True to it's popular name(s): salad roll or summer roll; this is indeed refreshing. It's served with this strong-tasting dip containing hoisin sauce, peanuts and some chili, or tương xào made from tương, a Vietnamese fermented bean paste/soy sauce.

Chả giò ~ $7.90

Vietnamese Imperial Rolls. Spring rolls made with this net-like skin that get really crispy when deep-fried.

We were told that each plate has only 3 pieces so we ordered two. But when it arrived it looked like there's much more! Apparently, each roll is pretty long, to begin with. So they cut them into 2 parts. And there are now 6 pieces on each plate. 2 plates of these meant that we've got to finish off 12 pieces!

Should have just ordered 1 portion. We also doggy-bagged the remaining ones.

Inside the Chả giò

These are one of the better ones so far. The fillings don't look like much because of the thick layer of super-crispy egg-based skin. But it really is good.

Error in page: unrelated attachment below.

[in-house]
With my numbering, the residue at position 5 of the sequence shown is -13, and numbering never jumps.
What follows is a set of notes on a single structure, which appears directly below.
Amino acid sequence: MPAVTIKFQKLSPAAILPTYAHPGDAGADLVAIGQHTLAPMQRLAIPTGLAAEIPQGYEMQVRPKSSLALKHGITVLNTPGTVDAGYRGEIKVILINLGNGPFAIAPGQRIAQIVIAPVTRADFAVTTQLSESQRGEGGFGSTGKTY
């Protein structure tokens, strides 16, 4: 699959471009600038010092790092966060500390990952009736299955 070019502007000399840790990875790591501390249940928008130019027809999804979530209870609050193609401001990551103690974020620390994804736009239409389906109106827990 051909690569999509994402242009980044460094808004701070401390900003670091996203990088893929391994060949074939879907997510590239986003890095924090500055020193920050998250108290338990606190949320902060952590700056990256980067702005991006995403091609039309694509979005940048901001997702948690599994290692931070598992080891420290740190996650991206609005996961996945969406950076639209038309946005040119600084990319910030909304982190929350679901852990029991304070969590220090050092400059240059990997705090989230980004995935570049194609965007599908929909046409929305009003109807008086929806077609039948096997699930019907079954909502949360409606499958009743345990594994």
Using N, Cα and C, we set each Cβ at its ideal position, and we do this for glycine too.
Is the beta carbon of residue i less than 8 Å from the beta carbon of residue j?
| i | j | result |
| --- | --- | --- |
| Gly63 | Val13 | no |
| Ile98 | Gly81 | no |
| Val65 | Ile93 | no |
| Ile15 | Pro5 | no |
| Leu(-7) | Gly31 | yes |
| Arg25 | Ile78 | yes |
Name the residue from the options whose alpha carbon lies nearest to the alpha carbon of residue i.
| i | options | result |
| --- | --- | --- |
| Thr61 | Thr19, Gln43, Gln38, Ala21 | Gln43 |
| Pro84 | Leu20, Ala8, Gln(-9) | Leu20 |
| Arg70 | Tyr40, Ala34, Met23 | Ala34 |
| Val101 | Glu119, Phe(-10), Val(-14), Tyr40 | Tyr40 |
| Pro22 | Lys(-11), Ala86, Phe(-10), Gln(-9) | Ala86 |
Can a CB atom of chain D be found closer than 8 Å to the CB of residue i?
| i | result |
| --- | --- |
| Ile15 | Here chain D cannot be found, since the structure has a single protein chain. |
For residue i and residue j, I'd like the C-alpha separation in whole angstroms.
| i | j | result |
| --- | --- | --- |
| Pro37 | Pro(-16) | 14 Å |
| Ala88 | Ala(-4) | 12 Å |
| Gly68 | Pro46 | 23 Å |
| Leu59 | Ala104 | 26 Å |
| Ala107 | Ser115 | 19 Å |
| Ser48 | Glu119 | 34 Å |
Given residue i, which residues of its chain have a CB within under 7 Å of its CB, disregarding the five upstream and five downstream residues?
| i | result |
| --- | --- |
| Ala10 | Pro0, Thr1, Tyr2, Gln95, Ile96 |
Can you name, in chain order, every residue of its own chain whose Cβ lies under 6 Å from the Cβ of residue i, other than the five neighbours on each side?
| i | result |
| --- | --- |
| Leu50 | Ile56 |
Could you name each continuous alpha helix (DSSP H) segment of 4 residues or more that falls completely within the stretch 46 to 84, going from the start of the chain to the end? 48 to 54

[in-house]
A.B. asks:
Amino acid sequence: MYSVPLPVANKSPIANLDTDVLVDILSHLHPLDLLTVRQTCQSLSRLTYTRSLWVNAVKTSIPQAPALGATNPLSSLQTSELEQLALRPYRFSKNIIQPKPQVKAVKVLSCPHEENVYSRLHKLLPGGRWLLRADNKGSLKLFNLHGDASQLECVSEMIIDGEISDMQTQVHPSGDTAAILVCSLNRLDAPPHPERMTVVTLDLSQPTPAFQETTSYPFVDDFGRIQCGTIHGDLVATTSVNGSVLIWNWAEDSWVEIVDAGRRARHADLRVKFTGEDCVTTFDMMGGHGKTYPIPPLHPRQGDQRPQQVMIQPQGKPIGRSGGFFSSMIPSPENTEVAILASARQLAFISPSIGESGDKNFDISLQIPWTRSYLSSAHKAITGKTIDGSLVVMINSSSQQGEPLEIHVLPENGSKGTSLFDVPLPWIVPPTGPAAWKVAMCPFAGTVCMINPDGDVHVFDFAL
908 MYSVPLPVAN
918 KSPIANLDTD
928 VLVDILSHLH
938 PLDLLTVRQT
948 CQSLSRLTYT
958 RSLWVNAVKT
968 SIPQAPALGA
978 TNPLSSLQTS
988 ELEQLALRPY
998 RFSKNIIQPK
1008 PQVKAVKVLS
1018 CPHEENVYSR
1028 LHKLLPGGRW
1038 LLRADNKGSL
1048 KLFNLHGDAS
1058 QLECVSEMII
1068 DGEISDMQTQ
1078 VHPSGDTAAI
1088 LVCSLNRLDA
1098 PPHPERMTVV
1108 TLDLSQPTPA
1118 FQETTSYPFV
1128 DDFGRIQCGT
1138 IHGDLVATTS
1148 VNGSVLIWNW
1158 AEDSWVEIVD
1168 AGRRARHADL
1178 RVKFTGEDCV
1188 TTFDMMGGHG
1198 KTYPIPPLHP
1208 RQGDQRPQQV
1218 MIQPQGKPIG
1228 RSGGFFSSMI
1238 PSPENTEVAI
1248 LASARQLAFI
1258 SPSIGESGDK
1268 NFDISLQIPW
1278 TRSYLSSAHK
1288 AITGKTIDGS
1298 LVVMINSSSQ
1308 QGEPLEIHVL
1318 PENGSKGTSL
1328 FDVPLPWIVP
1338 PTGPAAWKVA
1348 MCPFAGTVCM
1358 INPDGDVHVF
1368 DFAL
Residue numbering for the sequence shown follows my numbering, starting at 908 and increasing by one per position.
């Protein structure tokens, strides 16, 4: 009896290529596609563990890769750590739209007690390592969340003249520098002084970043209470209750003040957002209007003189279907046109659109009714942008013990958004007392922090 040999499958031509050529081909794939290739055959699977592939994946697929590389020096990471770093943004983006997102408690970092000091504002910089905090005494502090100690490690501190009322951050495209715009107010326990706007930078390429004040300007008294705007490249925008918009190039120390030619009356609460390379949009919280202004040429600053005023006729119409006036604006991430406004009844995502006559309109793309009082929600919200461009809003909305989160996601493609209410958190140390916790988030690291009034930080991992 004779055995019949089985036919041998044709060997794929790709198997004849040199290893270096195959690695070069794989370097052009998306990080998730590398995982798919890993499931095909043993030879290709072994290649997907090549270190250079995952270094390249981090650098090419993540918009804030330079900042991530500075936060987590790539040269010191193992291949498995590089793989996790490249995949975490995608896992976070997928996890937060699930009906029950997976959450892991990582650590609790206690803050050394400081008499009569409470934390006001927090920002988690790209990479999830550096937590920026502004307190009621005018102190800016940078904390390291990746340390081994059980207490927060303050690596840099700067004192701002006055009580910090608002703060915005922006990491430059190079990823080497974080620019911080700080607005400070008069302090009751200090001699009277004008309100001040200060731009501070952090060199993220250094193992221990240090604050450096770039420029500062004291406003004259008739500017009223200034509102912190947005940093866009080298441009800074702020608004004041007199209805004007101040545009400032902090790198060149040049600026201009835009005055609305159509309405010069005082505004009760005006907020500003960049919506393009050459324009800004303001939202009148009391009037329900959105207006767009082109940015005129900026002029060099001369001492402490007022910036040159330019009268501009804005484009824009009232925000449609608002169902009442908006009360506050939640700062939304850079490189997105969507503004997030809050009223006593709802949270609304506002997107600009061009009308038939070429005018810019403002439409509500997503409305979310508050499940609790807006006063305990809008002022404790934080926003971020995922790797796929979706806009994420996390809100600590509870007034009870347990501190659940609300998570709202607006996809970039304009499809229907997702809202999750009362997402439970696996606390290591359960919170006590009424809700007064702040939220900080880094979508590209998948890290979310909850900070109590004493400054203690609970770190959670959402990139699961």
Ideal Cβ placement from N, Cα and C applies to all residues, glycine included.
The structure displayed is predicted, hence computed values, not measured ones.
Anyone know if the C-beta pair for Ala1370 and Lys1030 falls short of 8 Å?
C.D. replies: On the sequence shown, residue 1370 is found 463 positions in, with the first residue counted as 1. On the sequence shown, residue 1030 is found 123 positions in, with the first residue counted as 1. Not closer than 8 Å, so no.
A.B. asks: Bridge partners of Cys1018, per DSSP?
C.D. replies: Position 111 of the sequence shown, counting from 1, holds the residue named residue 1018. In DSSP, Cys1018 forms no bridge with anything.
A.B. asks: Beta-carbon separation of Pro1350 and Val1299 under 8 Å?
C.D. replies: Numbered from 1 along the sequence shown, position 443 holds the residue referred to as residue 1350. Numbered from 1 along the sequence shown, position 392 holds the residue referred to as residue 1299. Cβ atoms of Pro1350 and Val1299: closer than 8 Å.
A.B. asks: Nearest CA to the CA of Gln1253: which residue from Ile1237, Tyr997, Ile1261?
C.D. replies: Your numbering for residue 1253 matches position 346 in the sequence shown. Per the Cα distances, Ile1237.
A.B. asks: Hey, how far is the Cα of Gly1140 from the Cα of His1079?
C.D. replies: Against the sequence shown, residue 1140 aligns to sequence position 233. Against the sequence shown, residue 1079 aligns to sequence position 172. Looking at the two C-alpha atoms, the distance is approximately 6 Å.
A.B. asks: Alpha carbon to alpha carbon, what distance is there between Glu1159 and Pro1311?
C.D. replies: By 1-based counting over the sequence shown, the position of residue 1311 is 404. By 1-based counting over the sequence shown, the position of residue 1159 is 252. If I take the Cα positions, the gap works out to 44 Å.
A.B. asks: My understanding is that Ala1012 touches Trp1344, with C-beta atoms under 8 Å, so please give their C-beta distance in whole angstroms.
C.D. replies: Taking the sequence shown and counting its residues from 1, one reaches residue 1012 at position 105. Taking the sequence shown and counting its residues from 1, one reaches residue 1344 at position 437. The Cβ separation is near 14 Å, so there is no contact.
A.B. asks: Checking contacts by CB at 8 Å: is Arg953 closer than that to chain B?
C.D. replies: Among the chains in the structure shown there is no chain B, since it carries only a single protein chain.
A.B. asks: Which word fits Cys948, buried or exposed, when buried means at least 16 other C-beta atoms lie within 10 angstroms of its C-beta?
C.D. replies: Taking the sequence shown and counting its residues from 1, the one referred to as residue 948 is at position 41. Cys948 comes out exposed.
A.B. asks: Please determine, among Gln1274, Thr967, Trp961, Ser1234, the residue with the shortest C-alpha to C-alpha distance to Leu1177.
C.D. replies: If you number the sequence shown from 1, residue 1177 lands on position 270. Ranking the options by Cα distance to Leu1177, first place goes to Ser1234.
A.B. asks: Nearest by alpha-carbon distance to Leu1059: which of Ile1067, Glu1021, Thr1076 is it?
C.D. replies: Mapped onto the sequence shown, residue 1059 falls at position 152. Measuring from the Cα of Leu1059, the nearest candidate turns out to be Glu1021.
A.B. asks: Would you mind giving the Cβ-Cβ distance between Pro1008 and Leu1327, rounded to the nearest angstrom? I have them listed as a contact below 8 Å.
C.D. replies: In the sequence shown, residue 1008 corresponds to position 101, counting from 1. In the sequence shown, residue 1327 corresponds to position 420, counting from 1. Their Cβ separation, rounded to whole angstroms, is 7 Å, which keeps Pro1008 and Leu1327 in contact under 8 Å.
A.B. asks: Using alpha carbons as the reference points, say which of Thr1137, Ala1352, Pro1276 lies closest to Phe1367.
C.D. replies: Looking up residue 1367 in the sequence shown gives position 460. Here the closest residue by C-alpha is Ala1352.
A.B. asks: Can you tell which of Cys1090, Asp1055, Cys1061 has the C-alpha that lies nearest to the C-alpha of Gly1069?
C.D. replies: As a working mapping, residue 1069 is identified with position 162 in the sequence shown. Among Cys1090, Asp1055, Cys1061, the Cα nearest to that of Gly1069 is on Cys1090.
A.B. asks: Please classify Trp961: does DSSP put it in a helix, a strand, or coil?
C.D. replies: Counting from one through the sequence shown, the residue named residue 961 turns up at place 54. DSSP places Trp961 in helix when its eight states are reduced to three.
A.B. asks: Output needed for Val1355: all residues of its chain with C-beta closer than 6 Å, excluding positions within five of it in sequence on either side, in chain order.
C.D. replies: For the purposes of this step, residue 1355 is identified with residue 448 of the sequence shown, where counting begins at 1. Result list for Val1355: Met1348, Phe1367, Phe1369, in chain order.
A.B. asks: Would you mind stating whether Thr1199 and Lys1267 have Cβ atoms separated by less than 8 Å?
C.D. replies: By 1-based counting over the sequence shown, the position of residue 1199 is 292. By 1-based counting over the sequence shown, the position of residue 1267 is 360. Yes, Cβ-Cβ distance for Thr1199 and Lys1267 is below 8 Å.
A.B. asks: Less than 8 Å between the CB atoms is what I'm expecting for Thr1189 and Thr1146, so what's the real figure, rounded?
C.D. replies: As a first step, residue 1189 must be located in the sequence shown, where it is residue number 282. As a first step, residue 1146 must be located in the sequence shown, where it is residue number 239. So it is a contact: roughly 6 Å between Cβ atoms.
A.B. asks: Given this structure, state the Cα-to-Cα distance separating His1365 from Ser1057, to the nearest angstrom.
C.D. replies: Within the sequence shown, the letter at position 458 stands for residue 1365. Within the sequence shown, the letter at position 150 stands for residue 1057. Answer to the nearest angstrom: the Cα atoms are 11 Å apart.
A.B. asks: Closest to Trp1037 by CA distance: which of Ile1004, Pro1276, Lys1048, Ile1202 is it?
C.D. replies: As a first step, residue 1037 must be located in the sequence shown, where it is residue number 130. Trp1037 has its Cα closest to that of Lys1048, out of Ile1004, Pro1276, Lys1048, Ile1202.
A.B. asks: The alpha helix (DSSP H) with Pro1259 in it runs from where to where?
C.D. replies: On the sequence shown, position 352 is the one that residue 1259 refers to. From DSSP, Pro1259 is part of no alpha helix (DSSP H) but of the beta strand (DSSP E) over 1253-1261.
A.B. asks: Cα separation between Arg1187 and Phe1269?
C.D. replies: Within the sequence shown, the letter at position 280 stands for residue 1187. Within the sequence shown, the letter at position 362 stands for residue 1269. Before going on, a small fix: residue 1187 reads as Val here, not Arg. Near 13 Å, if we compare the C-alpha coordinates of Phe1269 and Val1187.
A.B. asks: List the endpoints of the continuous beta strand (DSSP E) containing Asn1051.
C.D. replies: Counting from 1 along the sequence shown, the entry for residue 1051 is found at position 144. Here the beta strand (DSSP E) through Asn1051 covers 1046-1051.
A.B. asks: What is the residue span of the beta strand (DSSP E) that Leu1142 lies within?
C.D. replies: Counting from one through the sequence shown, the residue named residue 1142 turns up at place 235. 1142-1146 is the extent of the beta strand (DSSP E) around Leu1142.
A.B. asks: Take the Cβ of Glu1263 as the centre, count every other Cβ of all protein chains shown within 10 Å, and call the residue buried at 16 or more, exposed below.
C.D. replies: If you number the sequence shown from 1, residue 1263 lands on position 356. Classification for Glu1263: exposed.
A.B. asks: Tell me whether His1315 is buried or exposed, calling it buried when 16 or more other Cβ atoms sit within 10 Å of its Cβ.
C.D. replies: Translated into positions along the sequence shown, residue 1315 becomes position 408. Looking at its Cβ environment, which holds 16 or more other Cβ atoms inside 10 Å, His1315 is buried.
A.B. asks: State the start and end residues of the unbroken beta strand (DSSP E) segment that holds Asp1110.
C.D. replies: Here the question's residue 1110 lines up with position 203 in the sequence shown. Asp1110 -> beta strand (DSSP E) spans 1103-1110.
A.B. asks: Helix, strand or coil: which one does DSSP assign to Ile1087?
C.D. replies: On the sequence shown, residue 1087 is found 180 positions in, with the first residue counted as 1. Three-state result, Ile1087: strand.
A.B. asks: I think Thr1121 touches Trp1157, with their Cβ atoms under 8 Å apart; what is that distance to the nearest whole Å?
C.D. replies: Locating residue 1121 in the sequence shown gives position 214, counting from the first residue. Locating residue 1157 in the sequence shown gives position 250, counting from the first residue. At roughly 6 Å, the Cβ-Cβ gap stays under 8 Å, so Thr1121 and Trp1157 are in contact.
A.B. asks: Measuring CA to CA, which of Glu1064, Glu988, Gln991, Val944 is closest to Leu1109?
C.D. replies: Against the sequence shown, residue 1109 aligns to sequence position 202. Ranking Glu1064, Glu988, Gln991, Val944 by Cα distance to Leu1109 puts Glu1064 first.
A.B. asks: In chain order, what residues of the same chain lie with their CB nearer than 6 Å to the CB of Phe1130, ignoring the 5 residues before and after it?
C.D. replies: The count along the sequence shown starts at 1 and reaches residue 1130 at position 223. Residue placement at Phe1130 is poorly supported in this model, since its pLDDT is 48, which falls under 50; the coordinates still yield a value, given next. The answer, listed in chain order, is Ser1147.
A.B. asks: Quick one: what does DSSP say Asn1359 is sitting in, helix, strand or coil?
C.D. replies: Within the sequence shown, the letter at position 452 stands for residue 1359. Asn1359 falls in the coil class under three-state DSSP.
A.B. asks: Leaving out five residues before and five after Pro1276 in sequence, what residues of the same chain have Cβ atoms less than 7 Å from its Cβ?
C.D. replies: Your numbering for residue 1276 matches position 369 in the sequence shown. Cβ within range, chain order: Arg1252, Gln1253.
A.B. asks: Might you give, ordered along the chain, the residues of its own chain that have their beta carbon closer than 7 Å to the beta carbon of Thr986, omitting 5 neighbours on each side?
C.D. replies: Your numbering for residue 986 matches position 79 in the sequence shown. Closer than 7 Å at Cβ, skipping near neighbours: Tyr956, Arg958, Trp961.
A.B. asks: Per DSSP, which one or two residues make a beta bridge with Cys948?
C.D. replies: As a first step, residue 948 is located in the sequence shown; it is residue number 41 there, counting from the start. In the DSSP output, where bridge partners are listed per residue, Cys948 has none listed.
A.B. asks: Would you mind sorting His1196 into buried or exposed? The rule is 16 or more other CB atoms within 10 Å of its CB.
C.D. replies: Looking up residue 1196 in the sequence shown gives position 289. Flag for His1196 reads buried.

Comes accompanied with Nước chấm (Nuoc cham) dipping sauce that are served quite frequently as condiments in Vietnamese cuisine. It is a sweet, sour, salty and spicy sauce made of fish sauce, sugar and lime juice or vinegar.

Goi Xoai ~ $7.90

Mango salad. Has a much cleaner taste as compared to the more exotic-tasting Thai version. That crispy shrimp floss on top really amped this dish. Otherwise it was pretty bland.

Grilled Lemongrass Chicken Skewers ~ $7.90

Oh, these were awesome!

They seemed pretty heavy-handed with the spice so there's a strong taste and scent to the minced chicken meat. But it wasn't overwhelming and the taste caught on.

There's another version with minced prawn meat on sugar cane, if I'm not wrong.

Kid's meal: Fried rice w/ chicken wing ~ $6.90

I was happy to find something for kiddo. Alas, he didn't like it one bit.